This is the first week of league play, with three WCHA series set for this weekend. No. 9 Minnesota-Duluth hosting No. 14 Minnesota is certainly one to watch but all of college hockey nation has an eye on a few marquee East-West matchups.
No. 3 Denver heads to Boston to play top-ranked Boston College on Friday and No. 8 Boston University on Saturday. No. 6 North Dakota hosts No. 17 Maine for a two-game series in Grand Forks. Denver-BC and UND-Maine are both rematches of games last season that featured ugly results for the WCHA teams.
Denver fell behind early to the Eagles in both games and couldn’t recover, losing 6-2 and 3-0. The Pioneers power play went 0-for-17 on the weekend. That was at Magness Arena, and this weekend’s trip is going to be even tougher. Cam Atkinson and Joe Whitney lit Denver up last season with four points each in two games. Both are gone this season.
UND’s trip to Maine last season was just as forgettable. The Sioux lost 7-3 and 4-2. Maine was on the bubble for an NCAA tournament bid going into the Hockey East playoffs last year but was swept by Merrimack.
It’s been documented that UND is a different team on its face but so are the Black Bears. Maine lost its 51-point scorer and first-line right winger, Gustav Nyquist, and its top two centers from last year’s team.
None of that should matter if the Sioux play disciplined hockey this weekend. Maybe UND was outplayed last October, but penalties were a big reason the losses were so lopsided (the second game was a three-goal game going into the last half of the third period).
UND gave Maine 19 power plays on the weekend and the Black Bears cashed in for five power-play goals. The penalties were lazy (hooking, holding, tripping) and unnecessary (contact to the head, elbowing, hitting from behind). The Sioux don’t have the talent to get away with it this year.
As WCHA supervisor of officials Greg Shepherd said in the league’s preseason teleconference, this isn’t a rules change year. However, the NCAA did tweak the wording on the contact to the head rule just a bit.
Referees were more lenient in recent years on checks when players were traveling “north-south” (i.e., goal line to goal line) than if they were skating “east-west” and contact to the head was made. In other words, there was more of chance to get penalized on a blind-side hit.
“Now it’ll be penalized whether its north, south, east or west,” Shepherd said. “Any time there’s any kind of contact to the head, it’s a five-minute major and a game misconduct. [The NCAA] is trying to get the concussions and head injuries out of the game.”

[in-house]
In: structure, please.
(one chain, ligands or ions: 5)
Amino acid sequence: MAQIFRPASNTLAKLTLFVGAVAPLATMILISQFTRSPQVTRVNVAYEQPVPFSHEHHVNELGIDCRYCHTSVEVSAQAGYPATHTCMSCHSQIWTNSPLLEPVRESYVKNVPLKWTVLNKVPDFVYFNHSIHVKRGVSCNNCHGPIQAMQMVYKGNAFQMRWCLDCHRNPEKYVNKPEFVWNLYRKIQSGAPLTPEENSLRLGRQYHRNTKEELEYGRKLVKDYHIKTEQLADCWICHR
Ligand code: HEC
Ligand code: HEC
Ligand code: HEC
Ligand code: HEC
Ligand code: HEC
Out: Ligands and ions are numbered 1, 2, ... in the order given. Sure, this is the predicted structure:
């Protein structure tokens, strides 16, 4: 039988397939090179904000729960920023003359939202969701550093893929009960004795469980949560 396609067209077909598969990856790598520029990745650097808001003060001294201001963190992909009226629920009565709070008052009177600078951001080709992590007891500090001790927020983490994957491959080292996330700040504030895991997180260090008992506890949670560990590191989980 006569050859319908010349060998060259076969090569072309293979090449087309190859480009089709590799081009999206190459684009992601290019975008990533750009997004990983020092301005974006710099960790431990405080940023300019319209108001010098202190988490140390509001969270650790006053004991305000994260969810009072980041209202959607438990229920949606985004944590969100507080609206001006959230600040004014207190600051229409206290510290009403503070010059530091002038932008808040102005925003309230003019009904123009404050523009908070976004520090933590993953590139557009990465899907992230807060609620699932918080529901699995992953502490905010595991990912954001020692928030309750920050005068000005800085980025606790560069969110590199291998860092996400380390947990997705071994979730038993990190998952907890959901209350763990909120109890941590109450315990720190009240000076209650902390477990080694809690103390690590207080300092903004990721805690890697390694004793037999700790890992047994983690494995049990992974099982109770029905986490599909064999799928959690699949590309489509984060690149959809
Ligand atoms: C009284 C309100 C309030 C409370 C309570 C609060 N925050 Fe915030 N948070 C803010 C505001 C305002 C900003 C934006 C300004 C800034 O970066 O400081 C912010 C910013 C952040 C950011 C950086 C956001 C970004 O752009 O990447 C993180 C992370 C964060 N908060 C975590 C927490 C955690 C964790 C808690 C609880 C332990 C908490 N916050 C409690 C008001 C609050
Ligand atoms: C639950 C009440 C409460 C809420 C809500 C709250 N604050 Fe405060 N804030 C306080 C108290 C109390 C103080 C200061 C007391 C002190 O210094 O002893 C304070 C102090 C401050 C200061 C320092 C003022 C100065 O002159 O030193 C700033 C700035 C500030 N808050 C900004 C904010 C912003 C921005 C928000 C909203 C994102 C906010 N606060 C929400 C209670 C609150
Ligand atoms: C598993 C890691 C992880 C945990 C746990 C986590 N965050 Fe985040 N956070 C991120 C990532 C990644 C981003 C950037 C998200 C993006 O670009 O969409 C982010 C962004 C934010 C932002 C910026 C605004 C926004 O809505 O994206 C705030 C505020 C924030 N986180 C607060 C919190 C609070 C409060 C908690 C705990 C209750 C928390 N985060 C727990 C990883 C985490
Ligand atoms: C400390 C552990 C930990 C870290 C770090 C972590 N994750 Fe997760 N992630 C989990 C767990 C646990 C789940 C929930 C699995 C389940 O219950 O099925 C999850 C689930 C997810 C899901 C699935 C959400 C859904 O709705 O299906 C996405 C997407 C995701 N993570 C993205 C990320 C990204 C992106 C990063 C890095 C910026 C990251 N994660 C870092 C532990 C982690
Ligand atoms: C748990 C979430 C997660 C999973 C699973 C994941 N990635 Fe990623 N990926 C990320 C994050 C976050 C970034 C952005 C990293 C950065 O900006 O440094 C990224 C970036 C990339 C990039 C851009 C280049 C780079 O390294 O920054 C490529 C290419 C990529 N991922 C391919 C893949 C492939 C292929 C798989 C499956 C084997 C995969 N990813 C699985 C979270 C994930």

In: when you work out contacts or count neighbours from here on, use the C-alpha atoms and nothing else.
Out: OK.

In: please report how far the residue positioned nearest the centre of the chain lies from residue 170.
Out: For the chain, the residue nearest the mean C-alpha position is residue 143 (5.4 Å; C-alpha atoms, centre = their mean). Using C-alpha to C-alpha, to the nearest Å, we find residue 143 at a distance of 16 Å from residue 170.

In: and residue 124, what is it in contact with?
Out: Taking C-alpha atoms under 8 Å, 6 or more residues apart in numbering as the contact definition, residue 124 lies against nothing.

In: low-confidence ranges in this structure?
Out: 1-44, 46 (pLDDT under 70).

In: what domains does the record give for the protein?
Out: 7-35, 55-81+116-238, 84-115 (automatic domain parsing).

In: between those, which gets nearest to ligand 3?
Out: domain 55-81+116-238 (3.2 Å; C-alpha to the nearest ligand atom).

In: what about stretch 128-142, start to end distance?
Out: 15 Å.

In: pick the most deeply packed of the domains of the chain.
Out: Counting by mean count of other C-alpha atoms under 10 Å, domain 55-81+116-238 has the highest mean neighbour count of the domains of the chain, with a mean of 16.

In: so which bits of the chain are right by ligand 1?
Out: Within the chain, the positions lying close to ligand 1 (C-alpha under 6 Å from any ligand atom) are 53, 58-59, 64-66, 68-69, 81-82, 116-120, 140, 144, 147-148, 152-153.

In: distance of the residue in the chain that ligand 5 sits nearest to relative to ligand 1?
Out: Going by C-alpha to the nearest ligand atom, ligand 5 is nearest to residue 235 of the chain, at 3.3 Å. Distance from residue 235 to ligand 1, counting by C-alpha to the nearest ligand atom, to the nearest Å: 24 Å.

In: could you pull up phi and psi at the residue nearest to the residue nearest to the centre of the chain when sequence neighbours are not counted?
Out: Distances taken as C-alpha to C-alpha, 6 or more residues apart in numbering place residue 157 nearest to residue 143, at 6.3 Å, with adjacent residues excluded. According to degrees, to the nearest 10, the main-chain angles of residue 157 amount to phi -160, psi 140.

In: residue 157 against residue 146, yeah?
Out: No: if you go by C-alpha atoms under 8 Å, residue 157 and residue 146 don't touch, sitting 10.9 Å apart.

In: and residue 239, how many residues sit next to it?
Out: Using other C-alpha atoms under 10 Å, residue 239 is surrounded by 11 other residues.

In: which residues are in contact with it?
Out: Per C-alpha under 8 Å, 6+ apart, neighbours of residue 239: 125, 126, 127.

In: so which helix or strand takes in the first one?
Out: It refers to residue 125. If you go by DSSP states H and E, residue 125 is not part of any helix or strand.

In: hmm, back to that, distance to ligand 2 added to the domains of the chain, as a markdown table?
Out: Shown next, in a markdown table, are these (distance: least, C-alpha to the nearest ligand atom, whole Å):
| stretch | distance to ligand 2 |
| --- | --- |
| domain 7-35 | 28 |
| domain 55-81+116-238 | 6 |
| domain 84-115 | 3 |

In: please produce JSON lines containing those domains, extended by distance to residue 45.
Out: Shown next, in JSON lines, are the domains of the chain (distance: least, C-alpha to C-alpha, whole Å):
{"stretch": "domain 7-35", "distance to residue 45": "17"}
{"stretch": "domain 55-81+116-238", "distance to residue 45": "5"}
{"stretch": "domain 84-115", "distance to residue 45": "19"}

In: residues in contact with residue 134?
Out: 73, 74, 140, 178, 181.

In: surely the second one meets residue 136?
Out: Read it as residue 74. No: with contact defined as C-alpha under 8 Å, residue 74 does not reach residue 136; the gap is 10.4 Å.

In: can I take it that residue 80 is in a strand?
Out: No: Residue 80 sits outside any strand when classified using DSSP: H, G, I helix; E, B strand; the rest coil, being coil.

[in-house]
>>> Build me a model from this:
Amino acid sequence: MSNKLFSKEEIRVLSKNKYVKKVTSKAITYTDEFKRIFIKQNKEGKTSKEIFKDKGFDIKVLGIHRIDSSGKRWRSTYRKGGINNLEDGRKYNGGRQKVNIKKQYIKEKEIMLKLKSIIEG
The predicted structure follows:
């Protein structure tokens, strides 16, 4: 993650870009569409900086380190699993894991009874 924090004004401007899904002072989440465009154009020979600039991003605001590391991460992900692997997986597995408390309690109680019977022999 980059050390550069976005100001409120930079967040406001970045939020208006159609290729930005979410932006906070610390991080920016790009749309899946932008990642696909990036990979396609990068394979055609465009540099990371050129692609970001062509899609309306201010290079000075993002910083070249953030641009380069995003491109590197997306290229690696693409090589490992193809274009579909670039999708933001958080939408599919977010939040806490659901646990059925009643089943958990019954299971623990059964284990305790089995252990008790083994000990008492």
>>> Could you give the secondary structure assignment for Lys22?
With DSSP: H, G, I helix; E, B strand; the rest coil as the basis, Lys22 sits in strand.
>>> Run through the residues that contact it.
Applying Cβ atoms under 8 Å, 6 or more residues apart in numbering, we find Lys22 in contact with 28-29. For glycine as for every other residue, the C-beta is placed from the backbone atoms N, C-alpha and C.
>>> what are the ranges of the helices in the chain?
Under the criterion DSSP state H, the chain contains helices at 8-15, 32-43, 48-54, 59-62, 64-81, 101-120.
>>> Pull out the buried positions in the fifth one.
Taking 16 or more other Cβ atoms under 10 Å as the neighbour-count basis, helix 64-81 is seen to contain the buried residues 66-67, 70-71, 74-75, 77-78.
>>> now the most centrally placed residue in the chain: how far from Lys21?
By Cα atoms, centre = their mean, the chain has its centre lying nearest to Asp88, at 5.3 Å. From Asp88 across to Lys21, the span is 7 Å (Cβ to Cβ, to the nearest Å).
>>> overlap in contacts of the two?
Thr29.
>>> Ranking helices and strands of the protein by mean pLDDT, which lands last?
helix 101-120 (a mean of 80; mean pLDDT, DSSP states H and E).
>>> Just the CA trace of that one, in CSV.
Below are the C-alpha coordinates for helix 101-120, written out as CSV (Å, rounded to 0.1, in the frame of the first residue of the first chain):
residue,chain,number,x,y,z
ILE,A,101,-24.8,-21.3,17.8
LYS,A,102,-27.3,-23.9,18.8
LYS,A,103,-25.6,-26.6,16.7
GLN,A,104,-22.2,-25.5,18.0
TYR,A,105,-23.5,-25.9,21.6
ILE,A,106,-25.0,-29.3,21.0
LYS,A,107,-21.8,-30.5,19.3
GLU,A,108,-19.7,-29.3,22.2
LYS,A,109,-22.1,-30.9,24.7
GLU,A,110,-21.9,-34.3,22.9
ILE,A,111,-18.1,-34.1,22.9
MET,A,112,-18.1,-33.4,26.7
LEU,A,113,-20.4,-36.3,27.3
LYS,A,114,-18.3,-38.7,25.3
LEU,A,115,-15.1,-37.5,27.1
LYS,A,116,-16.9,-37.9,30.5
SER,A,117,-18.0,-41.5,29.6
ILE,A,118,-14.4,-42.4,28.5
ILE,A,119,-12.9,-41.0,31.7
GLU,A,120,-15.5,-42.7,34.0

Minnesota State’s Eriah Hayes got slapped with a contact-to-the-head penalty in the early minutes of the second period in Saturday’s 4-1 loss at Rensselaer. Gabe Guentzel committed the same penalty early in the second period of an exhibition game against the United States Under-18 Team on Saturday.
“Our officials have done a great job calling this, just like checking from behind,” Shepherd said. “We’re going to call this just as severely. We’re here to protect the players and the game.”
Penalties hurting Michigan Tech
When you’re a team struggling to find ways to win games as Michigan Tech has for several seasons, it would behoove said team to avoid shorthanded situations as much as possible or, at the very least, have an extremely proficient penalty kill unit. Unfortunately for the Huskies, just the opposite is true.
Over the past two seasons, only Alaska-Anchorage has been penalized more in conference play (17.5 penalty minutes per game as opposed to 17.4 for Michigan Tech). What separates the two, however, is that the Seawolves rank fifth in the conference in penalty kill percentage over that span (82.4 percent), nearly 10 full percentage points over the Huskies, who rank dead last at 72.9 percent.
Huskies coach Mel Pearson said the key, of course, is to strive to become the league’s least-penalized team.
“We played in our own zone way too much last year,” said Pearson. “We’ve got to try … and play in the other team’s zone, play at a higher pace, and be a more aggressive forechecking team so that we’re not in our zone taking penalties all the time.”
Although just one series is in the books, early returns reveal modest improvement with, obviously, much work yet to be done. Michigan Tech was penalized 12 times for 27 minutes last weekend in its sweep of American International (4-3, 3-1).
Spencer the spark for Seawolves
Coming off its second-best conference season (12-14-2, eighth place) since joining the WCHA in 1993, Alaska-Anchorage’s 2011-12 campaign got off to a rousing start. The Seawolves (1-0-1) hosted the 21st edition of the Kendall Hockey Classic, which they not only won for the first time since 2006 — and sixth overall — but did so in dramatic fashion.
After playing to a 4-4 draw with Clarkson on Friday, UAA faced a St. Cloud State team needing a win or a tie to take the title. When Cam Reid scored just 3:29 into the final period to give the Huskies a 2-0 lead and goaltender Mike Lee seeming unbeatable, St. Cloud State looked to have things well in hand.
As it turned out, that was all simply a prelude to the Mickey Spencer show.
Spencer not only helped set up Jordan Kwas’ goal at 5:04 to get UAA on the board, he proceeded to score three times himself, including the game winner with just 1:54 remaining in overtime to give the Seawolves a 4-3 victory.
The winning shot was fired low to the blocker side of Lee, which Spencer said WCHA goalies had better get used to seeing.
“That’s my spot,” Spencer told Doyle Woody of the Anchorage Daily News. “I’ll say it, and I don’t care if goalies know it. That’s where I’ll shoot.”